Silver Maple growing from the bottom of the tree


I recently bought a new silver maple that was kept in a fridge (buds started). I dug a huge hole, filled it with top soil and planted the tree with a couple of handfuls of bone meal. I water it pretty much everyday since I got it. There had been no action at the top of the tree. Top branches still feel healthy however it has developed 2 small branches with leaves just above the soil level. I am just wondering if this is normal or should I get a return on my tree. Thank you


Dear Gardener,

I am missing a bit of important information: how big (how old) is the silver maple tree that you bought; how big is the diameter of the trunk; and how long was it kept in the refrigerator. I am presuming that the refrigerator was an industrial size to fit in the tree, unless you bought it when it was a very little sapling.

The silver maple, Acer saccharinum, is native to Ontario and provides good habitat for all kinds of wildlife, birds, and butterflies and moths. It is fast growing, can grow 50-100 feet high, and has lovely leaves that shimmer silver in the wind. It grows best in full sun and partial shade, meaning that it needs at least four hours of unfiltered sunlight each day.

Because its native habitat is floodplains, silver maples perform better in wet areas. I have noted that you are watering it every day, but the guideline is to water it weekly for the first two seasons until you can be sure it is established. Follow the rule of 2 to 3 gallons (about 10 litres) of water per caliper inch (2.5 cm) of trunk diameter. Once it has established itself, your tree will be more drought-tolerant.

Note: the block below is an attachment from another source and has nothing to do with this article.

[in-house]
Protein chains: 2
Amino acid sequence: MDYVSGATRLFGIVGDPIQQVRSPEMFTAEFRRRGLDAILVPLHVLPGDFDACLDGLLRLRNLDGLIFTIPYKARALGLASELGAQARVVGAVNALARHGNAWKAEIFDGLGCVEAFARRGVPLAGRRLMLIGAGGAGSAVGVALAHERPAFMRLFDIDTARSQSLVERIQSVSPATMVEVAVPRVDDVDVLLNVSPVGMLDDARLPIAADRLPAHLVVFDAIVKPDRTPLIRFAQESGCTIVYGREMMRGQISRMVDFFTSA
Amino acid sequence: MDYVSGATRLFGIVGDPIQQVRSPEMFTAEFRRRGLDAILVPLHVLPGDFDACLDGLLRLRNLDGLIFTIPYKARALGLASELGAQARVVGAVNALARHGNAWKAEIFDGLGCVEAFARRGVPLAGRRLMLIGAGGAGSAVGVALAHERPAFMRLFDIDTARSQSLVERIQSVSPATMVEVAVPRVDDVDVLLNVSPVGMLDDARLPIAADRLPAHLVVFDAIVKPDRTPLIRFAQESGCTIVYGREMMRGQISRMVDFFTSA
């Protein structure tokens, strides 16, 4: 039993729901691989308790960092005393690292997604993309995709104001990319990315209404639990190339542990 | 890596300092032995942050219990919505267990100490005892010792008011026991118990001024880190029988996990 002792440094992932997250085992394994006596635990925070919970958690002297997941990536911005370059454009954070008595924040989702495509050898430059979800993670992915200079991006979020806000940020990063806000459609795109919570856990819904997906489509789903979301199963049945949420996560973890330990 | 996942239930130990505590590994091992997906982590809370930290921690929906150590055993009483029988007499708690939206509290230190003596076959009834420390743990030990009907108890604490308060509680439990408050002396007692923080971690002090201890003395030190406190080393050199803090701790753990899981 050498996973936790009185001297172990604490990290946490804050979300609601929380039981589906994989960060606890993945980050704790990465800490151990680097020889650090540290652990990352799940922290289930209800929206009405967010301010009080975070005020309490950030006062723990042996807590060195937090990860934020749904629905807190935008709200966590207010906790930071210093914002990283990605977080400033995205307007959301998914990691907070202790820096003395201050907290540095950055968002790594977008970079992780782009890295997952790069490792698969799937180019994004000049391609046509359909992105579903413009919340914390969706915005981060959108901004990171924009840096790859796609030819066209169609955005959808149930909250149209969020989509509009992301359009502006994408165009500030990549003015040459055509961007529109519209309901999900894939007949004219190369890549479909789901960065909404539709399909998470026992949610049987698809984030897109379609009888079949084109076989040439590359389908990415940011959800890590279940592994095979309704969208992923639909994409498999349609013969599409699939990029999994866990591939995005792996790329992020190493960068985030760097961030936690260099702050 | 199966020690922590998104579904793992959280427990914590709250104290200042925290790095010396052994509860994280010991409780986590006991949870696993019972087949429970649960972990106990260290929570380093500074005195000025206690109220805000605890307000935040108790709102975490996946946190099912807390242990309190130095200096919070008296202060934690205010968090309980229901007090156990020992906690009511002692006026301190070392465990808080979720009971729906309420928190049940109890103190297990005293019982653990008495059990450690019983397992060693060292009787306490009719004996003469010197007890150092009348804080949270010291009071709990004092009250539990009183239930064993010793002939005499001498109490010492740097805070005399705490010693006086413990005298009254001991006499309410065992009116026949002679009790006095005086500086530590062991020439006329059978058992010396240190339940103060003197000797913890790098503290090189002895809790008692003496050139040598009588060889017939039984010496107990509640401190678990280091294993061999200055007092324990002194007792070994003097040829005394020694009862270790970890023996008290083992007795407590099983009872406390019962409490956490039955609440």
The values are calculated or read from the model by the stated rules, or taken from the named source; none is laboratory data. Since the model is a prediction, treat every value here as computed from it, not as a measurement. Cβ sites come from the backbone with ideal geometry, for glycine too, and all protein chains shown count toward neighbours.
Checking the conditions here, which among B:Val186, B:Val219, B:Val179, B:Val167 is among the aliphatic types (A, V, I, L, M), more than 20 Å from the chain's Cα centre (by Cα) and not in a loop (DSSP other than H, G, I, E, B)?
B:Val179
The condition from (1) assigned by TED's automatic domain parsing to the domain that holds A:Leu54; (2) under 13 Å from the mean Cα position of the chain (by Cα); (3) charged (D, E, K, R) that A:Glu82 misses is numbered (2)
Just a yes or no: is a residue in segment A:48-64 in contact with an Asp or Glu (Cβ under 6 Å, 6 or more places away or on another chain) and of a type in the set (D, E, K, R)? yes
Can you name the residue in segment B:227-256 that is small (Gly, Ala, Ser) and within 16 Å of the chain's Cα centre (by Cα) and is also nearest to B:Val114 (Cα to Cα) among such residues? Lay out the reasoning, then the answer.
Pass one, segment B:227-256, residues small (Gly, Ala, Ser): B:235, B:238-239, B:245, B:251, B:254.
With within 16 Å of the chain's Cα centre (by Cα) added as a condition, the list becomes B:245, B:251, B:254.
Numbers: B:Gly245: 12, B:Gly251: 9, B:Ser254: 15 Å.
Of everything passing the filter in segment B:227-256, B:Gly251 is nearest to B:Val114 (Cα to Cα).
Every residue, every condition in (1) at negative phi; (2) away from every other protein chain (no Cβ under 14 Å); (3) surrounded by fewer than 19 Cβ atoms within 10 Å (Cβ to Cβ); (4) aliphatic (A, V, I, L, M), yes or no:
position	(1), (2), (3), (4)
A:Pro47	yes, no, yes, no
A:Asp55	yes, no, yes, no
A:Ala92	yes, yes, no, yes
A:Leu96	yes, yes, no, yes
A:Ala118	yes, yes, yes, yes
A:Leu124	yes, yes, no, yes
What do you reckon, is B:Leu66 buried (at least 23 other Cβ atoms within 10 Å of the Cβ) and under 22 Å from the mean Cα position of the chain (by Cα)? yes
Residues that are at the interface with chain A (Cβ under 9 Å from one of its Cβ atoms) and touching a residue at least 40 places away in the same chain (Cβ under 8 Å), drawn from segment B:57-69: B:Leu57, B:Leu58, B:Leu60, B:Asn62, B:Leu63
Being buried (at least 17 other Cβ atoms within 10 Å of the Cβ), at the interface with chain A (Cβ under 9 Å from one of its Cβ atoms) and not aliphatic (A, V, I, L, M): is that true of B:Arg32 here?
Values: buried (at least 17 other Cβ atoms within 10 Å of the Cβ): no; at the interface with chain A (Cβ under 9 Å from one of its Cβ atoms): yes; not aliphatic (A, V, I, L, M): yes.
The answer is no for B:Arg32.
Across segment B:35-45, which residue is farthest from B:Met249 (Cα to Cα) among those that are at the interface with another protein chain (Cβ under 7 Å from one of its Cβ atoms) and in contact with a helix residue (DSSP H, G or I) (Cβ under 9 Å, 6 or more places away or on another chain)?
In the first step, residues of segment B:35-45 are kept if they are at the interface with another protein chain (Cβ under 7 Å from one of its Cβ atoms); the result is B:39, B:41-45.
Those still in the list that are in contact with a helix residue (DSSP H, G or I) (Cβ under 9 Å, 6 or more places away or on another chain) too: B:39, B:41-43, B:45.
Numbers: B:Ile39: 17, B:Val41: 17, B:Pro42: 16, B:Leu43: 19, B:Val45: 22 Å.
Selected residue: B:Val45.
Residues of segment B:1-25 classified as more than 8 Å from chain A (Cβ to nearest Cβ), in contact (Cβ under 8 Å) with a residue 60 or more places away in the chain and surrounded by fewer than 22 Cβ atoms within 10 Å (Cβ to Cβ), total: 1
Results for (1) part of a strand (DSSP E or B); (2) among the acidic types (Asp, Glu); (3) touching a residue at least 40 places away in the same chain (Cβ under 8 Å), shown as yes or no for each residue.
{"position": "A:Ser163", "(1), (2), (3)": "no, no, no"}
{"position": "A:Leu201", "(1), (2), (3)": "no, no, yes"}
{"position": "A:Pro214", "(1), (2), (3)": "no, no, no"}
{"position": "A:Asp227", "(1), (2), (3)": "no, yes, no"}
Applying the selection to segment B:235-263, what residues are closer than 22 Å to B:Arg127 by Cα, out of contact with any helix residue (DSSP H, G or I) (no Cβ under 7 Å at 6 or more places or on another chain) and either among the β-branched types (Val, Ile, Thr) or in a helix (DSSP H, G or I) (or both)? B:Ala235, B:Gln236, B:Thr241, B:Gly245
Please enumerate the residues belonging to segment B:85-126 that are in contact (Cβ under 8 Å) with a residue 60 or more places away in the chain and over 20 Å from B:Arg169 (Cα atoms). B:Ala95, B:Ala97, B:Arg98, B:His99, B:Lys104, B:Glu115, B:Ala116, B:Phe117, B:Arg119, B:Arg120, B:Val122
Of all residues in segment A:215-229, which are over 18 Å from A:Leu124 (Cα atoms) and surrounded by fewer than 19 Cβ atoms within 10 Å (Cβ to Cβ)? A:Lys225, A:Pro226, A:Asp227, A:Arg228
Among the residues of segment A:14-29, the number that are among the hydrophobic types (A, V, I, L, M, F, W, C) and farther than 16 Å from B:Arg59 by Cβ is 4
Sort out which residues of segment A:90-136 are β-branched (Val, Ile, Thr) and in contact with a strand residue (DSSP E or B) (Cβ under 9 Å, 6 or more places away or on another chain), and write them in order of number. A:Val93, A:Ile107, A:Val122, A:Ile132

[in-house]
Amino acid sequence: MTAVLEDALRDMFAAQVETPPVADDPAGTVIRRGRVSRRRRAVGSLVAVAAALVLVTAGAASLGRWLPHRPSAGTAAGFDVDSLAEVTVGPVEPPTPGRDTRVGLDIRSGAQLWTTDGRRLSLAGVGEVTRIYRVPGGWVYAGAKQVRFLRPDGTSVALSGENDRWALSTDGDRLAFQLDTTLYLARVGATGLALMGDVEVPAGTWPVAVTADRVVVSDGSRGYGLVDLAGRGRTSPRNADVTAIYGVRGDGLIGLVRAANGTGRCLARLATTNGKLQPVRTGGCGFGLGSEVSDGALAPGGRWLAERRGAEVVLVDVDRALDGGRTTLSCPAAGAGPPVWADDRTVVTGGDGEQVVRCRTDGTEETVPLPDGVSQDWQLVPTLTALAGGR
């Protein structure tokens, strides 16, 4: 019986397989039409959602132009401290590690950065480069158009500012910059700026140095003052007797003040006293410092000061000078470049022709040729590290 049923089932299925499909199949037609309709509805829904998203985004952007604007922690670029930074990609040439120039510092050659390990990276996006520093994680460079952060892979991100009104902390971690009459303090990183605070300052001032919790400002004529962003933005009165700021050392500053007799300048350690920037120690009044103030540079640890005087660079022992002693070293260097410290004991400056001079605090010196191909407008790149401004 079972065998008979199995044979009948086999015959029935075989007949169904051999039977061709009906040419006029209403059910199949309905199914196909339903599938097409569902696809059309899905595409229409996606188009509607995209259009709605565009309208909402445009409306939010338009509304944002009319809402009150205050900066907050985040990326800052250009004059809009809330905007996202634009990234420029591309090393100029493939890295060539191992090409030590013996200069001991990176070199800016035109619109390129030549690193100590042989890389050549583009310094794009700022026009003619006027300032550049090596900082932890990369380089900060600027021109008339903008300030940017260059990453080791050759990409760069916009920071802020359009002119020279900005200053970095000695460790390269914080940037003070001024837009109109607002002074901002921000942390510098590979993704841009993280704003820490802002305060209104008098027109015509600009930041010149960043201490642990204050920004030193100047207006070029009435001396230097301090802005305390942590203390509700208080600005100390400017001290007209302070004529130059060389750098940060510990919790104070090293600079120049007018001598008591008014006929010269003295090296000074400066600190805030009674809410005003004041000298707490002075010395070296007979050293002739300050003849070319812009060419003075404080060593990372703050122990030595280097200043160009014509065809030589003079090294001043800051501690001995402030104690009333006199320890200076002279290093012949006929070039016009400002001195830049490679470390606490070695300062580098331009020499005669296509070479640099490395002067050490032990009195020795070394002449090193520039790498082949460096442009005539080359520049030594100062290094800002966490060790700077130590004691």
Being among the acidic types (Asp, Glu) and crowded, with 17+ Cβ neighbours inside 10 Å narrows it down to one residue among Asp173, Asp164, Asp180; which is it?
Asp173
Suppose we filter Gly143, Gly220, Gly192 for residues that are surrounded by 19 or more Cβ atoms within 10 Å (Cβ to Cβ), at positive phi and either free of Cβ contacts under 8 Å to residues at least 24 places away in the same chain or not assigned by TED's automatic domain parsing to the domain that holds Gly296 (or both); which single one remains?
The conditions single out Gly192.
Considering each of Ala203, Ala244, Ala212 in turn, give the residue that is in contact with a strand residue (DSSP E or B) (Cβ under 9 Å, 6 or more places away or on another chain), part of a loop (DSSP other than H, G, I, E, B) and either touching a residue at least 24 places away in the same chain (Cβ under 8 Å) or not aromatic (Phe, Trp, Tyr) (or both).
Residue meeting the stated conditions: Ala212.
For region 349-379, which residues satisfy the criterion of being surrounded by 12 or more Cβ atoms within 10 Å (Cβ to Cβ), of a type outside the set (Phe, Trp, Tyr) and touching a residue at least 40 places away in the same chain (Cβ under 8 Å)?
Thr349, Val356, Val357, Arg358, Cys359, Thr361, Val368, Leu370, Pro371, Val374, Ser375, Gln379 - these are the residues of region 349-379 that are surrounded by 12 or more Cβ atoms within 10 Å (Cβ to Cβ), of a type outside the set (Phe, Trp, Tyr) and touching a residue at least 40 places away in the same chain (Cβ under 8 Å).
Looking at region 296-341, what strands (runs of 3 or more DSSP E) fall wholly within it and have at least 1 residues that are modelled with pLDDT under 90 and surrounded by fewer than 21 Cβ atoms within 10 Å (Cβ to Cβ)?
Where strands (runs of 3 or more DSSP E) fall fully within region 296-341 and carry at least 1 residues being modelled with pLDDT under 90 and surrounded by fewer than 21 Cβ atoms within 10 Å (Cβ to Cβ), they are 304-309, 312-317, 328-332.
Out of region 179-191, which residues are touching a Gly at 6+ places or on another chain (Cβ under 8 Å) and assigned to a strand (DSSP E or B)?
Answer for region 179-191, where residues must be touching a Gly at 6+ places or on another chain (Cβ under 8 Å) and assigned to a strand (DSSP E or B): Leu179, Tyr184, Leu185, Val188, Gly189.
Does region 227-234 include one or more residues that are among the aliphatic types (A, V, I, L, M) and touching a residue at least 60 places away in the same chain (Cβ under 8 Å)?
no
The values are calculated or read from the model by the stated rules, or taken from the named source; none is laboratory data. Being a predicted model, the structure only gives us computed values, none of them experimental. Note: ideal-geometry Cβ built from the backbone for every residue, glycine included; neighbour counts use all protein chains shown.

However, it is considered a difficult tree to grow in the city. It has an extensive, shallow, water-seeking root system. The recommendations say that it should not be grown in a lawn since it has high roots that can interfere with a lawnmower, and avoid growing the tree near driveways, sidewalks, septic systems, and water lines. Ideally, it should be grown in a woodlot. Its bark is rather weak, so there will be cleanup of broken limbs after a storm. I hope you have placed it in a good spot.

Landscape Ontario has a really excellent guide on how to plant trees. On Page 43, there is an excellent diagram of how a tree should be planted. Did you follow these guidelines reasonably closely? You say you dug a “huge hole”, and that is a very good thing, although the guideline says that “In well-drained soils, the planting hole width should be two to three times the diameter of the root ball for all stock types”. I am presuming that how you planted the tree is not the problem.

So, now to your issue of the tree growing limbs just above the soil. It is quite normal for a silver maple to grow sprouts (potential extra trunks), but you need to trim those sprouts off. Your silver maple will require regular (annual) pruning in order to create an attractive shape. It is really important that the tree only has one trunk, since more than one trunk will make the bark even weaker and more prone to breaking off (and be aesthetically unattractive). The ideal time to do pruning is winter or late winter when the tree is dormant, but since it is so young, I would take these shoots off now. By the time you need a ladder to do the pruning, you may want to hire a professional arborist to help you shape your tree.

I found this guide about the best way to cut off these extra branches from Garden Guides that has quite a lot of information on pruning a silver maple: “Cut the extra trunks close to the main shoot just beyond the thick branch bark ridge that runs parallel to the branch and thick “collar” that surrounds the branch. Make first cuts on the underside of large branches a few inches out from the collar, then make a second cut all the way through the branch adjacent to the collar. Making a “starter” cut keeps the branch from falling, shredding the bark—and collar that will form the “wound-wood”—as it goes.”

I do hope this information is helpful, and will allow you the pleasure of watching this lovely tree grow for many years.